UTRECHT, Netherlands (VN) — It’s rare that there is more celebration at the start of the Tour de France than at the end, but that was the case around the MTN-Qhubeka bus on Saturday.
With Daniel Teklehaimanot as the first rider down the start ramp at the 2015 Tour, a new chapter was being written in cycling history. Teklehaimanot and Eritrean compatriot Merhawi Kudus became the first black Africans to race the Tour, as part of the first African-registered team ever to start the Tour.
There was a sense of history-in-the-making, and it wasn’t lost on team staffers and riders.
“This is huge for African cycling. This is the first black African to race the Tour. The amount of euphoria in Africa is just massive,” MTN-Qhubeka general manager Brian Smith told VeloNews. “It was a privilege to become the first African team to get the invitation.”
MTN-Qhubeka came into the 2015 season with the singular goal of earning a bid to race the Tour. After starting the Vuelta a España last year, it reached the milestone as the first African-registered team to compete in a grand tour.
For 2015, the team knew it needed to round out its roster to legitimately make the claim to have Tour-level quality, and it signed such riders as Edvald Boasson Hagen, Steve Cummings, Tyler Farrar, and Serge Pauwels, all four who were racing Saturday in Utrecht.
But the core of the team remains African, and management was insistent that African riders remained at the center of the team heading into Utrecht. Five Africans are part of the nine-man Tour squad, with two from Eritrea and three from South Africa.
“After Daniel won the climber’s jersey at the Critérium du Dauphiné, we sent him back for the national championships, and he was mobbed at home,” Smith said. “People are aware, and they’ve seen the progression. We hope to inspire more Africans to race. The African continent have to be proud and get behind this team, because in the future, I believe African riders can not only compete for stages, but to win the yellow jersey as well.”
The untapped potential of African cycling is seen as the sport’s final frontier. The hold of the Tour has spread to the Americas, Australia, and across every corner of Europe and even into Asia. The rise of Chris Froome, who was born in Kenya and raised in South Africa yet holds a British passport, has helped spur interest in the African continent.
Many are working across the continent to put athletes on bikes, to teach the required skillset to compete at a high level, and provide the training and materials to give them opportunities. Investments by the UCI, as well as ex-pro Jock Boyer, who works closely with athletes in Rwanda, are helping push talent into the peloton.
Those dreams are very much the here and now for MTN-Qhubeka. History aside, the teams is coming into this Tour to race and to animate the action. Smith admits it’s not here to fight for the yellow jersey, but they have a plan to try to reach their stated goal of winning a stage.
“We’ve set ourselves a goal of a stage win, and to wear a leader’s jersey at some point,” Smith explained. “What we’re going to do is to try to win 21 stages. And if you try to win 21 stages, the percentages of winning one is far greater. We’re going to have a plan every day. We are going to be an opportunist team.”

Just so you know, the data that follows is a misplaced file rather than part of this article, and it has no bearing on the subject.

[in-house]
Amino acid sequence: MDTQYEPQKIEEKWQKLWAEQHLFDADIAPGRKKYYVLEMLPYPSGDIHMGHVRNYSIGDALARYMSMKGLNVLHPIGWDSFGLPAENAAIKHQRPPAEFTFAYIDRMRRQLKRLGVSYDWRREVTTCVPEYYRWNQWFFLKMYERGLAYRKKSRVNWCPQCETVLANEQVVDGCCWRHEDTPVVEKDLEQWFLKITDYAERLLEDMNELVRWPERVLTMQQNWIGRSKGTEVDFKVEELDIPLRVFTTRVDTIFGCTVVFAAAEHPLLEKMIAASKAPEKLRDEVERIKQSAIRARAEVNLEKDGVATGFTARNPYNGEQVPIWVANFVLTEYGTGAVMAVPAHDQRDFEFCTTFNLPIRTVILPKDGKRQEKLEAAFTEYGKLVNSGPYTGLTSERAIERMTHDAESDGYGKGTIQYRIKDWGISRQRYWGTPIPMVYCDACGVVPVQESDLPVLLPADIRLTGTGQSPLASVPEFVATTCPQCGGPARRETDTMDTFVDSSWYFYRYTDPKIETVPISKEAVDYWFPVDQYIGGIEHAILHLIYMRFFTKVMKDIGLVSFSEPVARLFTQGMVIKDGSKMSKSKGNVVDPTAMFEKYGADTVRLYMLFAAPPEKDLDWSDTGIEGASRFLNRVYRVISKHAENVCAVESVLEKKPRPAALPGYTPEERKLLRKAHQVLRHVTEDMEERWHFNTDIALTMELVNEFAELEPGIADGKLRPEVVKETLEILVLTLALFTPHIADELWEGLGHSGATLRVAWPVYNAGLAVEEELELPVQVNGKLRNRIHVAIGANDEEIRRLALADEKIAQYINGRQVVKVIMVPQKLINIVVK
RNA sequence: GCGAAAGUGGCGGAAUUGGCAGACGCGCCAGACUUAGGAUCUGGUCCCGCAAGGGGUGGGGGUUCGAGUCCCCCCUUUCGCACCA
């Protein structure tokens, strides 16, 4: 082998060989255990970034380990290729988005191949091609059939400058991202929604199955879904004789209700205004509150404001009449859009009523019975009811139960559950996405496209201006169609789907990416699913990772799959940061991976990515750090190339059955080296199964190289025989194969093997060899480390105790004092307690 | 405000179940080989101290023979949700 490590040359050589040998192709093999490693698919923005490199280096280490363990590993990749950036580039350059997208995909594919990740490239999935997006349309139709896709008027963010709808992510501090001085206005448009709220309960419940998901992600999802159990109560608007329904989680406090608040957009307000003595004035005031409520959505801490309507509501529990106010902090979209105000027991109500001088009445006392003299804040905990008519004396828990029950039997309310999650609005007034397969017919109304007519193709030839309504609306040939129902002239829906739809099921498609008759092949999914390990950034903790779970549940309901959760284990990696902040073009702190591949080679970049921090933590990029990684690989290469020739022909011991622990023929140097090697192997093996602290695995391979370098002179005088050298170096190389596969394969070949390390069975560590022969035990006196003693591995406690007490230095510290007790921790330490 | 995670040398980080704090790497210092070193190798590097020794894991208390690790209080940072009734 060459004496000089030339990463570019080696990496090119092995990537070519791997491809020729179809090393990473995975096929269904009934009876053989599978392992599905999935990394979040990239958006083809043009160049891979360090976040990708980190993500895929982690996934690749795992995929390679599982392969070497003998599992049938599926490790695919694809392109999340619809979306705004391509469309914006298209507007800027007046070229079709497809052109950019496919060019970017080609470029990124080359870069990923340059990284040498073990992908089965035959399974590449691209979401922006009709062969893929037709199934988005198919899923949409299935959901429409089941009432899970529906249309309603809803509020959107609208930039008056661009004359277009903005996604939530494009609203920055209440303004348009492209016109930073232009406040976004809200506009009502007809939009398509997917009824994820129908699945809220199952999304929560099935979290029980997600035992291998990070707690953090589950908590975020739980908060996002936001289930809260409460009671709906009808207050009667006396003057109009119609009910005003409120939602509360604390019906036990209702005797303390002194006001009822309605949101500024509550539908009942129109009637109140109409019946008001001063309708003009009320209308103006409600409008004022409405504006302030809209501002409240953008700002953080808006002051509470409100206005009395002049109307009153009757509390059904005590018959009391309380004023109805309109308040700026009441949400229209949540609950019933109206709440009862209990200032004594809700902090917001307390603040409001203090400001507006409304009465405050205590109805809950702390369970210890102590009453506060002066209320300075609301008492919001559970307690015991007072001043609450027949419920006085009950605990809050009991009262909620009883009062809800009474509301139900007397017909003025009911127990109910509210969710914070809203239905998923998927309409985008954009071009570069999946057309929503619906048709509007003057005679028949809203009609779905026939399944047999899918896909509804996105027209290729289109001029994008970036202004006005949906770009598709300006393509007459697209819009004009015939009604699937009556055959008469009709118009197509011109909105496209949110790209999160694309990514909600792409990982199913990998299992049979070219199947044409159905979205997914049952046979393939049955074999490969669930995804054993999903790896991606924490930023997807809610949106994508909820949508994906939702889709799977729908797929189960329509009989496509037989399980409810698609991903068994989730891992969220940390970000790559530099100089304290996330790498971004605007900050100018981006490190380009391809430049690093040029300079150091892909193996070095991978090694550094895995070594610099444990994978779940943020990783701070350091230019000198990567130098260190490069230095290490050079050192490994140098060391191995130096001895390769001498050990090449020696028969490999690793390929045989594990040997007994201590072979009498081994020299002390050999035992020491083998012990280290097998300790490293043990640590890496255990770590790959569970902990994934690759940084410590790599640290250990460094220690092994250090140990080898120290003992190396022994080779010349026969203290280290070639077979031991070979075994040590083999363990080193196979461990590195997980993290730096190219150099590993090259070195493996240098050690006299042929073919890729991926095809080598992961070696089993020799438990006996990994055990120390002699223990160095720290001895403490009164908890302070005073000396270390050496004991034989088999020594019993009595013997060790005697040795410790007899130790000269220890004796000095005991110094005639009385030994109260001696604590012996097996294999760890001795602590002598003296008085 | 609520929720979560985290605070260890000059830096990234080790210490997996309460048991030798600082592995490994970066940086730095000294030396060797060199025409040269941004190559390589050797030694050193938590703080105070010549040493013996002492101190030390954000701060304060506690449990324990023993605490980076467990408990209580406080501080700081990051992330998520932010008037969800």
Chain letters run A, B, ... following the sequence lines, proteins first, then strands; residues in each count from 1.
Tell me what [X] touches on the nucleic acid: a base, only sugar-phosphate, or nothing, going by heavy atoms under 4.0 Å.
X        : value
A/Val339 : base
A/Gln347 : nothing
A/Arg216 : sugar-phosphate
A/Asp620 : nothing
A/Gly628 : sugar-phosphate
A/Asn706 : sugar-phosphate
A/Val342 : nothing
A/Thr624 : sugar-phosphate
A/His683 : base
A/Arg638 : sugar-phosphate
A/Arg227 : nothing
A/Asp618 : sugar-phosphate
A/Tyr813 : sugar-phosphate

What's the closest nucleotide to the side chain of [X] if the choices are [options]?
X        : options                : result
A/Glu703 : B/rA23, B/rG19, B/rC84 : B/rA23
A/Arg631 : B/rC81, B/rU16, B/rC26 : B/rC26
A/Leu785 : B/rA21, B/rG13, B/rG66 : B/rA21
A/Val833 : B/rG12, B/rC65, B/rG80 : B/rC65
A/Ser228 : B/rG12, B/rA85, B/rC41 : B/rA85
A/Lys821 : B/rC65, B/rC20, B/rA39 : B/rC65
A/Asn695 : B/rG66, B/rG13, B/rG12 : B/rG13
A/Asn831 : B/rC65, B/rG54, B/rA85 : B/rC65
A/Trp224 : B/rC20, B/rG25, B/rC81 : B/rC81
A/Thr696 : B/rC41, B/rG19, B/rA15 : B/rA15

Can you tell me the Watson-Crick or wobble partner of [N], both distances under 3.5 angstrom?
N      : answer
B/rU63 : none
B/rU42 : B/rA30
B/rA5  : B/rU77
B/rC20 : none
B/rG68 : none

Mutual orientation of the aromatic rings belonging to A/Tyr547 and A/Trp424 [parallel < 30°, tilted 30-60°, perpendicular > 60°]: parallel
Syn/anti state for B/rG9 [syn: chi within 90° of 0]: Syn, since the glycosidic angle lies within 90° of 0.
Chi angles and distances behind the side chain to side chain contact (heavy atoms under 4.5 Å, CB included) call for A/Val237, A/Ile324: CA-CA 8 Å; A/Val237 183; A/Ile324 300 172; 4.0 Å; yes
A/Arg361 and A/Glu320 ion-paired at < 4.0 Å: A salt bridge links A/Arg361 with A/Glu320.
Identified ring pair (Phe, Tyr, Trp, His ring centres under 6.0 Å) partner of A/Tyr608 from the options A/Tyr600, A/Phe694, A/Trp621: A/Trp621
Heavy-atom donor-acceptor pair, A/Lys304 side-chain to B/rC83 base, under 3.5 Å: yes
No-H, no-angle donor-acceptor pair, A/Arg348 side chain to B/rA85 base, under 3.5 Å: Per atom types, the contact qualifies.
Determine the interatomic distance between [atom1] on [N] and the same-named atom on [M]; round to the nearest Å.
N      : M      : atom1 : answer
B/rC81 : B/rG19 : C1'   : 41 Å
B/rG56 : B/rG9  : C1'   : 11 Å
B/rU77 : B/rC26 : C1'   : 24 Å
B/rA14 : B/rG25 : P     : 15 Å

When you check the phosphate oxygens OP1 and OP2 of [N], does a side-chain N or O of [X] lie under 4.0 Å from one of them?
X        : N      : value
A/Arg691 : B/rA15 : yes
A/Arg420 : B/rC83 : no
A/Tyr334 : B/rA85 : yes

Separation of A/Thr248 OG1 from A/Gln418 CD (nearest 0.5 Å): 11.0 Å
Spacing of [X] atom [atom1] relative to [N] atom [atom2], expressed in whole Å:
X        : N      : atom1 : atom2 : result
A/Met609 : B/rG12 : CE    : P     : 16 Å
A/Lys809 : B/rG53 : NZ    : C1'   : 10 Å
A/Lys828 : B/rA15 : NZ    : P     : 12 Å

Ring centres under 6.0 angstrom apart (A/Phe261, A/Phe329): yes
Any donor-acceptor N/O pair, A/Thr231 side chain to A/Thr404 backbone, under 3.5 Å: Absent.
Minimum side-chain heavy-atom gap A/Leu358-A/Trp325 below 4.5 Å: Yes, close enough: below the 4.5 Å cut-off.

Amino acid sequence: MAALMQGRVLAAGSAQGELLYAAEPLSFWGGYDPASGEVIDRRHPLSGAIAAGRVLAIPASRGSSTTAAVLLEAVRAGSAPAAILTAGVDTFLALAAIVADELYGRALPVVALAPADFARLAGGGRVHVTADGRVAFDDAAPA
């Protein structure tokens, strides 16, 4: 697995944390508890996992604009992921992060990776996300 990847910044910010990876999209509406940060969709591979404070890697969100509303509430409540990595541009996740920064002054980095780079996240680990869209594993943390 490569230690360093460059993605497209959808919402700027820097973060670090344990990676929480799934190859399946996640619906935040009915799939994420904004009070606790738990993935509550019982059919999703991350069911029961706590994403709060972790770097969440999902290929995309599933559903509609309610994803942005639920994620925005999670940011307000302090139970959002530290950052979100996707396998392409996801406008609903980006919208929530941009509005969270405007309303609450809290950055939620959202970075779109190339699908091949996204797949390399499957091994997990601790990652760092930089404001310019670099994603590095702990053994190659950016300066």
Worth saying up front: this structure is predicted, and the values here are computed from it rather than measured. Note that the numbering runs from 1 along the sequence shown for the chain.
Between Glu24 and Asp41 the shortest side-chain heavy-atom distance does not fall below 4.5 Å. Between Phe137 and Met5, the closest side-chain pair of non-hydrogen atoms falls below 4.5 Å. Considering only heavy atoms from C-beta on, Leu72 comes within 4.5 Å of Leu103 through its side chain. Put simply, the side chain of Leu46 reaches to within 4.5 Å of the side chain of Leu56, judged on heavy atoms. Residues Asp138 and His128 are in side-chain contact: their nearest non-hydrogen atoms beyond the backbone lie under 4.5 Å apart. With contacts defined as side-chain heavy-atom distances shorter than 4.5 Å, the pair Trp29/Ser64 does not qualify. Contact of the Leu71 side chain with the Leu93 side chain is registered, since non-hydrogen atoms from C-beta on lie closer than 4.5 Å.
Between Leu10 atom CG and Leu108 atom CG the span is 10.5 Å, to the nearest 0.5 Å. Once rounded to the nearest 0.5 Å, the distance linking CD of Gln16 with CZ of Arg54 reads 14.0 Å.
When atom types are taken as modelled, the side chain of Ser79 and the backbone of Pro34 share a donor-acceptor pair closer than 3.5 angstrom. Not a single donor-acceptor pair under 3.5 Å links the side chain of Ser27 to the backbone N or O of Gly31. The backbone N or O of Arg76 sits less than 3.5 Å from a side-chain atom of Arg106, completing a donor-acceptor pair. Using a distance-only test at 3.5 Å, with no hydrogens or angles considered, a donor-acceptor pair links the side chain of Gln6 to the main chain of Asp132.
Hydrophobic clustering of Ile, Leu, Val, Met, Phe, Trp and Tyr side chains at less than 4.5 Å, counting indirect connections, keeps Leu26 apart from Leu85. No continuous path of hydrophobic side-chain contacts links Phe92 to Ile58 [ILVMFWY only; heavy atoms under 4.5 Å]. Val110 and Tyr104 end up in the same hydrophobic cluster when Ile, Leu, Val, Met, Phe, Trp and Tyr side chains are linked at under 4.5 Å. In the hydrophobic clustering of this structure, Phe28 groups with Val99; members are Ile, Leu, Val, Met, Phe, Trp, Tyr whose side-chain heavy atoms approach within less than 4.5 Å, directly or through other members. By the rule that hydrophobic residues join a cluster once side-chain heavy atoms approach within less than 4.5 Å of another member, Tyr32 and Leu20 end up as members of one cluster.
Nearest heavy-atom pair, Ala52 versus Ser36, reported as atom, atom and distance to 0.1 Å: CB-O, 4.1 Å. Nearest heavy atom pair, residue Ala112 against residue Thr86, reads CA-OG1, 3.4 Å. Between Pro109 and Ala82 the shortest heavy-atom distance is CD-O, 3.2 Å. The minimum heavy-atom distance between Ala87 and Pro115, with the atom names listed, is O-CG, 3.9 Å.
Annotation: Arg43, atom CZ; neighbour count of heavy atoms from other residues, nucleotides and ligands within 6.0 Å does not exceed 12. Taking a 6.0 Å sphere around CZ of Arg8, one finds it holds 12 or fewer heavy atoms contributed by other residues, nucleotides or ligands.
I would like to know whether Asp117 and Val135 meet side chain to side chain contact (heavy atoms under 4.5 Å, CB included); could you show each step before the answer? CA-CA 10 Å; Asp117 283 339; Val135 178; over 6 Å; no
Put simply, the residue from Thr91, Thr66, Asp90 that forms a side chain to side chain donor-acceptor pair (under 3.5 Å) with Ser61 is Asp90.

With Boasson Hagen and Farrar, they have riders who can try to win the classics-style finales. Louis Mentjies and Teklehaimanot will have shots in the mountains. The remainder of the team will have their chances in breakaways.
“We don’t have a GC contender. We don’t have a pure sprinter, so we’re going to look for our chances elsewhere,” Smith said. “We are going to attack every day. Our plan is to try to win 21 stages. There will be different riders every day, trying their luck. We know we cannot compete against the likes of Contador, Nibali, or Cavendish in the sprints, but we’re going to try to force the moves and the counter-attacks.
“We have a strategy, with certain riders, for certain stages,” Smith said. “No one can win 21 stages, but if we win we will be happy.”
So would an entire continent.
Brian Smith on MTN-Qhubeka’s five African riders at the Tour de France:
Merhawi Kudus, 21 (Eritrea): He’s our youngest rider, and among the youngest in the Tour. He’s here to gain experience, and to try to get into some breakaways. He’s a huge talent, with a big future.
Louis Meintjes, 23 (South Africa): “He’s already shown what he’s capable of. If he doesn’t come away with a stage win here, I would be disappointed. This is his second grand tour, and in his first [2014 Vuelta a España], he was fifth on a stage. We saw him climbing strong in the Dauphiné.”
Reinardt Janse van Rensburg, 26 (South Africa): He’s always there, always consistent. He’s got a big motor, and we want to see him get into breakaways, to attack.”
Jacques Janse van Rensburg, 26 (South Africa): “He has a lot of responsibilities, and he’s one of our workhorses. These guys are not afraid of getting into the breakaways. This team is not frightened of anyone, and like we saw last year at the Vuelta, Jacques will be riding into the breakaways.”
Daniel Teklehaimanot, 26 (Eritrea): “We’ve always known he’s good, and so did Orica, but now people are starting to believe, too, after the Dauphiné. There will be a lot of opportunities for Daniel in this Tour. The ideal would be a stage win, but if there’s an opportunity, we’ll chase the climber’s jersey as well.”